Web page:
RustyButTrusty on the Street – Mopars, Checkers and More

It’s well past time to return to a sometimes neglected series here at RustyButTrusty – the On The Street series, where classic cars in (regular?) use are featured. Let’s start with a very practical classic (sic), the 1964 Dodge Dart GT. This picture dates back to last fall, but this car was a regular customer at one of the commuter lots in the West Oakland BART station, so you know it was someone’s driver. Pale gold is a great 1960s color, and the best Darts of this generation are the early wide-eyed models. Unfortunately, there’s no way to tell if this is the poverty slant six or the top end V8 – about an 80hp difference – but for a commuter car it doesn’t matter too much.

20141002_091651

This next car was also on the streets of San Francisco – it looks to be a 1962 Dodge 880 wagon, though corrections are appreciated. It’s cool to see a base-spec car out there, since as with the patrol car featured today, they tended to get used up and thrown away. The metallic color is nice for a car of this age, though the white paint on the roof is probably making up for excessive fading from the California sun.

20141102_134534

Next up is a real flashback for anyone over the age of 30 – a Checker Marathon cab, still in service. This is probably the cab that runs out of Marin county, just north of San Francisco, and primarily serves tourists. It’s not quite regular use, but still earning its keep as a daily driven commercial vehicle. Squint your eyes and it could be 1985.

20141106_080957

This 1968 Dodge Coronet looks to have been sitting here since about 1970. But while most cars would look better with a cleaning, this one should stay just the way it is – that’s a good crust of about 40 years of San Francisco environmental history on there. Remarkably, there is also a wagon version in similar condition regularly parked there, and both look to be in driver condition.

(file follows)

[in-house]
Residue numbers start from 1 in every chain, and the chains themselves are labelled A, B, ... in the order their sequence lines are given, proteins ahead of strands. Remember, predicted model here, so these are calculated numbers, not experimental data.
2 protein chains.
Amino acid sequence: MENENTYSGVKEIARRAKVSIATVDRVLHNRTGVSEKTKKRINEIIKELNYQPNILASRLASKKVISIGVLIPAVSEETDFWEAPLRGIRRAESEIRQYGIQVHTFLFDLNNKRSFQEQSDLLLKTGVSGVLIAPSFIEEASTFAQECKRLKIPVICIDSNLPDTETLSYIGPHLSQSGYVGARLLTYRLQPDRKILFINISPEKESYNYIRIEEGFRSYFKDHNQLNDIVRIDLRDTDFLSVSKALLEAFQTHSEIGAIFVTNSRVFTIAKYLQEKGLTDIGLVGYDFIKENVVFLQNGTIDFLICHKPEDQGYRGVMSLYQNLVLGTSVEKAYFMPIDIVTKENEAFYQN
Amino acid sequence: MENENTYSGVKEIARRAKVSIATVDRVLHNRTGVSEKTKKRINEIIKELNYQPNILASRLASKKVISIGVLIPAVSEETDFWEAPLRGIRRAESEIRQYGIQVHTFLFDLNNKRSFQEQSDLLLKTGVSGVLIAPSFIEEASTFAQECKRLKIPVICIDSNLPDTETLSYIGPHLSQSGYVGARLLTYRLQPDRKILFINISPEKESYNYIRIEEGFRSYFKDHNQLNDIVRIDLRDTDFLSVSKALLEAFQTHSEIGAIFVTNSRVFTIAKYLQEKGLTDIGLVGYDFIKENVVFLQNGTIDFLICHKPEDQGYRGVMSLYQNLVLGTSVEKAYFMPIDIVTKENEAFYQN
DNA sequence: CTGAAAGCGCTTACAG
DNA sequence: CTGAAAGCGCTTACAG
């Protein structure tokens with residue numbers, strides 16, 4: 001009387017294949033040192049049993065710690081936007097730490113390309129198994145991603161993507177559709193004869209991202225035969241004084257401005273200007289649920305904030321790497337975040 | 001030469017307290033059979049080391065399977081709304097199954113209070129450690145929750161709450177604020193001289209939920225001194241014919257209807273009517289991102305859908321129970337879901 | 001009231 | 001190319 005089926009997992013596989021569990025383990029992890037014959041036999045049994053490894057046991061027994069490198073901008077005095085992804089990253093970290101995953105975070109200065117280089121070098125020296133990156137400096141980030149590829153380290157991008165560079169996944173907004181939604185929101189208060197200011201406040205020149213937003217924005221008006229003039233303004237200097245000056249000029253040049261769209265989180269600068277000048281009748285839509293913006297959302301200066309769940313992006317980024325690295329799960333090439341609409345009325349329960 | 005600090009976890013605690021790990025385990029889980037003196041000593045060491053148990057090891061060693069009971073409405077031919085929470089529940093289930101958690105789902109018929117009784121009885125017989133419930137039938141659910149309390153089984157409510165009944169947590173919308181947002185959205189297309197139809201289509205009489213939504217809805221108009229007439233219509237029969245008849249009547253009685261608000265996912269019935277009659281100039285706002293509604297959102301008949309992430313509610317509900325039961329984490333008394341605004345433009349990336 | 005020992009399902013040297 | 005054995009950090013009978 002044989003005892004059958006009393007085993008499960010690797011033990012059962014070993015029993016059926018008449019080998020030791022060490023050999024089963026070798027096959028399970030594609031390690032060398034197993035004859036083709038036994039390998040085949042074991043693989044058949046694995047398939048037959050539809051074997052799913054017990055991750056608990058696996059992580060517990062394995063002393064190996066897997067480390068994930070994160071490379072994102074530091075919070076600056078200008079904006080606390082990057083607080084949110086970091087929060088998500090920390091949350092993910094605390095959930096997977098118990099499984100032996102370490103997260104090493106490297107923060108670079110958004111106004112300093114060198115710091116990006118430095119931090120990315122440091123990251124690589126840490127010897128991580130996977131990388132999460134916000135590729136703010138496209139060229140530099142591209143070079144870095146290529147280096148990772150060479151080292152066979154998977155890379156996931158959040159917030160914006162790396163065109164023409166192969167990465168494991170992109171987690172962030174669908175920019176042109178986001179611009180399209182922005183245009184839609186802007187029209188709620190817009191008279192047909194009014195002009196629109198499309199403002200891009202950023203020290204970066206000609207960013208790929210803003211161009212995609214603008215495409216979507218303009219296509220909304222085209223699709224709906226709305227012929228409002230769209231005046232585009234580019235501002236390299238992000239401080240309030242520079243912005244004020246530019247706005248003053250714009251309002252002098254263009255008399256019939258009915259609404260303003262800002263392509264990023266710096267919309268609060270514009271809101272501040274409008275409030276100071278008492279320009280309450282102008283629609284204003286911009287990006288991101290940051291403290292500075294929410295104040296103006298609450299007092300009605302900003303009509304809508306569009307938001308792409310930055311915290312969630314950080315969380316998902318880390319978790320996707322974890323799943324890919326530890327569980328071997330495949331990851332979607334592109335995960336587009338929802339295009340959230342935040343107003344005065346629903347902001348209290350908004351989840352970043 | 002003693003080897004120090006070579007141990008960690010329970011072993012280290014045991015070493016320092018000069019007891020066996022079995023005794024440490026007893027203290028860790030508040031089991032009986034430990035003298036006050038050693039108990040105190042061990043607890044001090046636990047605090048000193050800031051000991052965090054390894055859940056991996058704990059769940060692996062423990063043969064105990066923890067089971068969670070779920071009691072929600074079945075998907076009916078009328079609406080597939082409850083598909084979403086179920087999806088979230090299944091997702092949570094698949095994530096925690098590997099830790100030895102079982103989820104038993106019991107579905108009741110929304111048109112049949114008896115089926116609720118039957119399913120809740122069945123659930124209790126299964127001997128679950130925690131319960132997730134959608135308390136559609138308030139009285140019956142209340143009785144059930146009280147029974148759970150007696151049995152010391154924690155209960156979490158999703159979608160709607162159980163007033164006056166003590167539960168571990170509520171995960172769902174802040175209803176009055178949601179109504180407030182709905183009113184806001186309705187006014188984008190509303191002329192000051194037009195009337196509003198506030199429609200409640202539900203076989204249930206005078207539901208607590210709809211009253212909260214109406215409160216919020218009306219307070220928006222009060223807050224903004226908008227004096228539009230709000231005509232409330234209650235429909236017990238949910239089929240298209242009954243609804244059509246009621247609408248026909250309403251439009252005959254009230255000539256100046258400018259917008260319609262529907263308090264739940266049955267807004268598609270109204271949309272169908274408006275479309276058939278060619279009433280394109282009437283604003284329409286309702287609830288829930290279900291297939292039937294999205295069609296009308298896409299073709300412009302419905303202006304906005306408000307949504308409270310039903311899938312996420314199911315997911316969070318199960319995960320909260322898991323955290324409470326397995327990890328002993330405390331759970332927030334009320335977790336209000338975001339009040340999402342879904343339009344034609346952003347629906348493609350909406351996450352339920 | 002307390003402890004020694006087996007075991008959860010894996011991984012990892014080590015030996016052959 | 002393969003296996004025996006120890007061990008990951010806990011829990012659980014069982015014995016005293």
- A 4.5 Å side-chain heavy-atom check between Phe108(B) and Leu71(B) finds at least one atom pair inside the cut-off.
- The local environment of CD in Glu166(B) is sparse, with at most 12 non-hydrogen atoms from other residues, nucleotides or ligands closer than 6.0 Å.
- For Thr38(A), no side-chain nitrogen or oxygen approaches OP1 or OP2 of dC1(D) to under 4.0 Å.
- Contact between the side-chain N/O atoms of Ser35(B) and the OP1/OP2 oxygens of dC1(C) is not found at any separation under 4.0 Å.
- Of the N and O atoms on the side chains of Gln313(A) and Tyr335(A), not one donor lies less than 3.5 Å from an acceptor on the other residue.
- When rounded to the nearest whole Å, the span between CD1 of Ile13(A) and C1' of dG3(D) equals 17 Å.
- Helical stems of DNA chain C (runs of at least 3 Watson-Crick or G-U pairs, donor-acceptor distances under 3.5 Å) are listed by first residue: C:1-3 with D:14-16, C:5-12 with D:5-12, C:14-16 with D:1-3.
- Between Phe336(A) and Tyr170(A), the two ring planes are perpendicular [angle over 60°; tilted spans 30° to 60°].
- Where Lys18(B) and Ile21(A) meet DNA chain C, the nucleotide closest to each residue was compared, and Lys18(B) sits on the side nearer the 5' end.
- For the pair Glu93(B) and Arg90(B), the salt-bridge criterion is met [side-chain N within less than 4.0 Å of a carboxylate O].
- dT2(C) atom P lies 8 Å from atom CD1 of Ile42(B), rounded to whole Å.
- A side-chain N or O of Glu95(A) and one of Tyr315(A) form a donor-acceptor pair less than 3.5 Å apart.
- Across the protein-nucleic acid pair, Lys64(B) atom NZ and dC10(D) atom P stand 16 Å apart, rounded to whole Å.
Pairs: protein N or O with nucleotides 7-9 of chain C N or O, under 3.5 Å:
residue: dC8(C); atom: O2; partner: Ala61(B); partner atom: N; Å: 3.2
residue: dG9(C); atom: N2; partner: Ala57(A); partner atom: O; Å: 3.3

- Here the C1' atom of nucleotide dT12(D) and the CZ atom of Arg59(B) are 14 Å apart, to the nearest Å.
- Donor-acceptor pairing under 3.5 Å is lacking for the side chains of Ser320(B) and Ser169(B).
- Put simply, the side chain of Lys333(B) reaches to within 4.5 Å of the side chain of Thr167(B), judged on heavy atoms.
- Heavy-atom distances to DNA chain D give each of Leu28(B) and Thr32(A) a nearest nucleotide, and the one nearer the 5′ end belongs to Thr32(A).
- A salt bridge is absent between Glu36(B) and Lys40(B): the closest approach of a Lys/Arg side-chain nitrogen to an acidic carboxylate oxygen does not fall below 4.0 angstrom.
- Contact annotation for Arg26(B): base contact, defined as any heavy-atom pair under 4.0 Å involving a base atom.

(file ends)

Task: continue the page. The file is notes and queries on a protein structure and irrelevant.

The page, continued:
20141127_163633

Moving out of San Francisco, here’s a Checker Marathon in Vancouver, WA. Not surprisingly, it’s outside of a store selling beer brewing supplies. When these are actually out and about, they’re easy to spot in spite of their age, due to the 1950s shape. This is likely a late production car with the Chevrolet bits to make up for things Checker could no longer efficiently produce themselves.

20141216_124854

Next up is this mid-1980s Dodge Colt sedan. It was a pretty unspectacular car in its time, but this looks to be a pretty loaded version, with alloy wheels, a trunk rack (why? trying to evoke sixties sports cars?), and spiffy gold paint. Most have died and gone to purgatory, so it’s nice to see one out on the road.

20150408_105444

On the streets of Portland, this 1951 Chevrolet Advance Design van is still working away, far beyond its intended lifespan. Built from 1947-1955, they were offered with inline-six engines of various displacements, though it wouldn’t be surprising if this one had received the ubiquitous small-block upgrade. If this looks familiar and you’re under 50, check out the Chevrolet HHR.

20150411_102437

Finally, a visit to San Francisco netted this unusual, never-could-this-happen-anywhere-else shot – a 1979 Alfa Romeo Alfetta GT parked together with a completely unrelated Morris Minor convertible and Mercedes W123 sedan. The Minor was in good driver condition, and it’s a nice counterpoint to the (still) fairly ubiquitous Beetles. The W123 was, well, still alive, and probably showing 200,000 miles, give or take a hundred thousand. These and Volvo 240s will outlive nuclear war and the cockroach.

20150419_155942

Advertisements

Leave a Reply

Fill in your details below or click an icon to log in:

WordPress.com Logo

You are commenting using your WordPress.com account. Log Out / Change )

Twitter picture

You are commenting using your Twitter account. Log Out / Change )

Facebook photo

You are commenting using your Facebook account. Log Out / Change )

Google+ photo

You are commenting using your Google+ account. Log Out / Change )

Connecting to %s


%d bloggers like this: